Brazil has recently adopted participatory budgeting (PB) as part of its democratisation programme. But does PB increase the capacity of excluded social groups to influence the decision-making process in the allocation of public resources? This report from the University of Birmingham on PB in Recife, Brazil argues that it does. Also, PB increases access for the poor to basic urban services.
The democratisation of local governments in Brazil was a protracted process that started in the 1980s. During the process the municipal governments became important loci of innovations. Although the 1980s were marked by stagflation and fiscal problems, sub-national governments were granted more fiscal autonomy. The incomes of the poor declined, as a result of austerity measures, but social spending rose and poverty came to the fore as an important issue. PB is one of the important innovations implemented in almost a hundred municipalities in the country that seeks to promote a more transparent and equitable pattern of social spending.
Recife is one of the pioneers in this process and provides an opportunity to look at a number of issues, which cannot be adequately addressed in other case studies. Here, a few participatory arrangements were put in practice, during the transition to democracy. Others were created after democratisation along with PB. These innovations were key to ensuring a voice for the communities in decision-making. Most actors committed to promoting participatory mechanisms argue that their ultimate objective is to expand the range of questions discussed in the programmes. They view these initiatives as a learning process leading to a gradual but radical transformation in urban governance. PB is limited in its magnitude and scope, although the variability between cities is significant.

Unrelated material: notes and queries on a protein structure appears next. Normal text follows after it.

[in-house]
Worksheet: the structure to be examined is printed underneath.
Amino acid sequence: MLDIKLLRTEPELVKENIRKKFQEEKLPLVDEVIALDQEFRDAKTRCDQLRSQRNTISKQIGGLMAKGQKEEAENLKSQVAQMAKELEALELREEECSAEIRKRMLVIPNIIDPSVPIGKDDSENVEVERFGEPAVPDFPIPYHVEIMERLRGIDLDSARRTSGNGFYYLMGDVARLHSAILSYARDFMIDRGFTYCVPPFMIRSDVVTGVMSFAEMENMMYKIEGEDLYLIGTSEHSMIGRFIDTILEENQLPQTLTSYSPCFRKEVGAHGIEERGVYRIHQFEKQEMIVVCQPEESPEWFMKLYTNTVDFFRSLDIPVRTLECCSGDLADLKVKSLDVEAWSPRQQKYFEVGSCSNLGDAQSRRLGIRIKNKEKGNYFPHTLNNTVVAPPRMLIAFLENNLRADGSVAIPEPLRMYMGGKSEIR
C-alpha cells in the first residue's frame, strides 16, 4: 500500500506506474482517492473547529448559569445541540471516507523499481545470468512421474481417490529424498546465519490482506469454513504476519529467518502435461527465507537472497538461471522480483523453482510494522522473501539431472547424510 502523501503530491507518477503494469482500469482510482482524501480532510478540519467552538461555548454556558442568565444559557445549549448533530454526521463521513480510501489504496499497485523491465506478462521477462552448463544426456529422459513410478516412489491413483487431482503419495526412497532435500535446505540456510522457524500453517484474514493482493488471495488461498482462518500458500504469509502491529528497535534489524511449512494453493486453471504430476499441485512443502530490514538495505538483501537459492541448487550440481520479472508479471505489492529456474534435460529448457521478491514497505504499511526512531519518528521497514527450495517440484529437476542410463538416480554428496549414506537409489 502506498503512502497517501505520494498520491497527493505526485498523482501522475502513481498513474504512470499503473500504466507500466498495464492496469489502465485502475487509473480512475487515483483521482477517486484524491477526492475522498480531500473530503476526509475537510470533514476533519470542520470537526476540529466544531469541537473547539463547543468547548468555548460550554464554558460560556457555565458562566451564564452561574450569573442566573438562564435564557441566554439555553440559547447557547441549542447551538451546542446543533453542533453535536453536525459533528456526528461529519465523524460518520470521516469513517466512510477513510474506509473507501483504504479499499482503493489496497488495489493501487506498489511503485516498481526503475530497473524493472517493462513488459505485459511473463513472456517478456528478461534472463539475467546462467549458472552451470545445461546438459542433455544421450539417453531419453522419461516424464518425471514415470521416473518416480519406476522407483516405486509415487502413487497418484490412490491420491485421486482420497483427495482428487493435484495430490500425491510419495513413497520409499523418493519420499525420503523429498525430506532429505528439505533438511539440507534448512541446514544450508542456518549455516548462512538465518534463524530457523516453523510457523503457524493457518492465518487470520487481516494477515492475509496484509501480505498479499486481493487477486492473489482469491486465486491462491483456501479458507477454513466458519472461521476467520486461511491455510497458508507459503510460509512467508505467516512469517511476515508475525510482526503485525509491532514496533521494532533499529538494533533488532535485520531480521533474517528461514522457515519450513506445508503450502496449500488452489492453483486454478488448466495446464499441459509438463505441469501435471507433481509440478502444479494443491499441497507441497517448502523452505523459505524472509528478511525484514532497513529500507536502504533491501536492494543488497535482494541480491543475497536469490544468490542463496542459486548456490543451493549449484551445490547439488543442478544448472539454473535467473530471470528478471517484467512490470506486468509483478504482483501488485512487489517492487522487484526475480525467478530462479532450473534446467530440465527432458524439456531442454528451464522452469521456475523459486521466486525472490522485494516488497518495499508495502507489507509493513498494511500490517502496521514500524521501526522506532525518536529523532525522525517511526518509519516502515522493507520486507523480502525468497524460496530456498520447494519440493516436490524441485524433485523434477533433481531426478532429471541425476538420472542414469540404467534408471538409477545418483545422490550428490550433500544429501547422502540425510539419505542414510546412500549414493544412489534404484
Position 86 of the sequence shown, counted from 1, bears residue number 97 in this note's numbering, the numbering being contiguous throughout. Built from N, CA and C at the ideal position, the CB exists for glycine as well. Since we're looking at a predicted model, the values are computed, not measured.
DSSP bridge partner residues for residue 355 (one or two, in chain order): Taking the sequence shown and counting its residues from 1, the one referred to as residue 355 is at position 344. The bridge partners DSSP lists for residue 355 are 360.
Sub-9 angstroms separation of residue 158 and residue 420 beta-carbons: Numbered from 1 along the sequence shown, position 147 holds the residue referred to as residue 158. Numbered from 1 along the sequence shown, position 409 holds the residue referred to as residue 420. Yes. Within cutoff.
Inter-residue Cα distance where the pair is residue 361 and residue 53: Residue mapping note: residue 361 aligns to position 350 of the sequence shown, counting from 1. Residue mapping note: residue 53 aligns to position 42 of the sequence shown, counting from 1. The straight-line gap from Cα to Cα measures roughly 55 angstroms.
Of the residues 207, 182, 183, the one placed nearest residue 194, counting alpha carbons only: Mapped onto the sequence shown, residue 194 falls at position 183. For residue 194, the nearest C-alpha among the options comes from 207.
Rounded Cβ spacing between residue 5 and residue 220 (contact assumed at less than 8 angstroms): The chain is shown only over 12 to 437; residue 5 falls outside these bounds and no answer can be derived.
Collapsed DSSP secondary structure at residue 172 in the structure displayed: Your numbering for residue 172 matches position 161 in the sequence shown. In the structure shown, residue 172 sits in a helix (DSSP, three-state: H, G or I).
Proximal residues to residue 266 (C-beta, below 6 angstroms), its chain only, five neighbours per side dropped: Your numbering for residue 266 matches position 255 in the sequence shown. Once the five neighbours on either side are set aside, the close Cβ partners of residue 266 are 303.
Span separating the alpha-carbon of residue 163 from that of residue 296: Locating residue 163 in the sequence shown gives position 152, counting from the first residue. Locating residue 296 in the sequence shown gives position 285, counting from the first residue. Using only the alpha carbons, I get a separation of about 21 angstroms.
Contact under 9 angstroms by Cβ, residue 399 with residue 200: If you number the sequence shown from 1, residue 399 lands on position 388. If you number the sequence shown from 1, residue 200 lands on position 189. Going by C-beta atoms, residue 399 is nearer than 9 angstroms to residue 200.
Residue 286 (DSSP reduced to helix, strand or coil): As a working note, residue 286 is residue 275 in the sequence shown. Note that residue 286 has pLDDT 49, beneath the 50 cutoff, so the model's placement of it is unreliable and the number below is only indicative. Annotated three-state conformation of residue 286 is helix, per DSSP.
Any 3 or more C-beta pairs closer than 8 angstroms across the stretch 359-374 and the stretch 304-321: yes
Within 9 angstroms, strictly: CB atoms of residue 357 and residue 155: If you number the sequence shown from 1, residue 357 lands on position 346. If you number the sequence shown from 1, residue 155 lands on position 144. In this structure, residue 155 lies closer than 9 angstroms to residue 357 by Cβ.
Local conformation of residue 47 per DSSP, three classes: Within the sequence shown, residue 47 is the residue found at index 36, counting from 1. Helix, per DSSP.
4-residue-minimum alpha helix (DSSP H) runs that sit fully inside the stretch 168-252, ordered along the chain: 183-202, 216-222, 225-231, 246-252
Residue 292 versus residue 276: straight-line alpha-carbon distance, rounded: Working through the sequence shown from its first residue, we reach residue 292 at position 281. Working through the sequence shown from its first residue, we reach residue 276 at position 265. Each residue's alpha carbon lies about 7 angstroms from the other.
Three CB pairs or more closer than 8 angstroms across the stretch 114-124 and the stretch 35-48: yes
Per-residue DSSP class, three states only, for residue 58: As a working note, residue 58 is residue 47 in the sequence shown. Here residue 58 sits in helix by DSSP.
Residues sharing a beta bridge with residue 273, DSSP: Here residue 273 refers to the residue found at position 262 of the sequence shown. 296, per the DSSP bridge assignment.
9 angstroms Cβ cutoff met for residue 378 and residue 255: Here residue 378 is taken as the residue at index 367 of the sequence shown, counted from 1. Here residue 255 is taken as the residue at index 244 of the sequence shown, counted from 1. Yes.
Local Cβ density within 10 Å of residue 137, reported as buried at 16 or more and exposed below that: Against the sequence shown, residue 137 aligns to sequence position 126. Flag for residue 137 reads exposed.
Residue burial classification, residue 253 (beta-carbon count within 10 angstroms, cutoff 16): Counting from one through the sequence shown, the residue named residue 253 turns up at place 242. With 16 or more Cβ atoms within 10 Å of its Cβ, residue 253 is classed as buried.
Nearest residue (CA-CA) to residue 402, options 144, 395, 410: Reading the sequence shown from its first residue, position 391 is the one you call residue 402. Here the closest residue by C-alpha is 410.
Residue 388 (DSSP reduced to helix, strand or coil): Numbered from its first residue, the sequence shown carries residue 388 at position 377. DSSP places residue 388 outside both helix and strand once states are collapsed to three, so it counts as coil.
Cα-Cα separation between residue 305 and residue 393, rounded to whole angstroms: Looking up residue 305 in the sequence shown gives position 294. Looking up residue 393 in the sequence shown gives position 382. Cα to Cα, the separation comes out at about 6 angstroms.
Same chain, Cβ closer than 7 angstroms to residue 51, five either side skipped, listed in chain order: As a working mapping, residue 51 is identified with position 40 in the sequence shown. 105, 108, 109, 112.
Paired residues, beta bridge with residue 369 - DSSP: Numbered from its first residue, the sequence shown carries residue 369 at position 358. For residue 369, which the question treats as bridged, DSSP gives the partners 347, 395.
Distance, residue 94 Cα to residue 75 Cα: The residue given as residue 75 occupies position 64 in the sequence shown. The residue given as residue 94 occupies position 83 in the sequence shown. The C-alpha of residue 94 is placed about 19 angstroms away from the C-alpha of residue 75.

- It never involves more than a quarter of capital expenditure and its focus is infrastructure and physical rehabilitation of local schools and health facilities.
- There is potential for participatory budgeting to go beyond participation in decision-making.
- For the latter to be effective, however, more than voice in policy-making is required. There have to be mechanisms that link policy implementation and outcomes to decisions and sanctions.
- Accountability stands at the centre between political participation and government performance.
- The budget laws, as approved by the legislature, represent a historical advance in terms of democratisation of urban governments. But there are important limitations to budget laws as accountability mechanisms.
- PB plays an important role in reducing the space for intra-executive bargaining with councillors and private interests.
Although some of the claims and results related to PB deserve more careful reflection and research, PB does increase the capacity of excluded social groups to influence the decision-making regarding the allocation of public resources. In addition:
- It increases the access of the poor to basic urban services and contributes to making local expenditure reflect the priorities of the poor.
- While the accountability mechanisms in the programme are fragile, it allows for consultation and deliberation on the use of public resources.
- Although resources allocated through PB are small, in an extremely unequal society like Brazil, these programmes are one of the few ways of transforming public investments from favours into rights.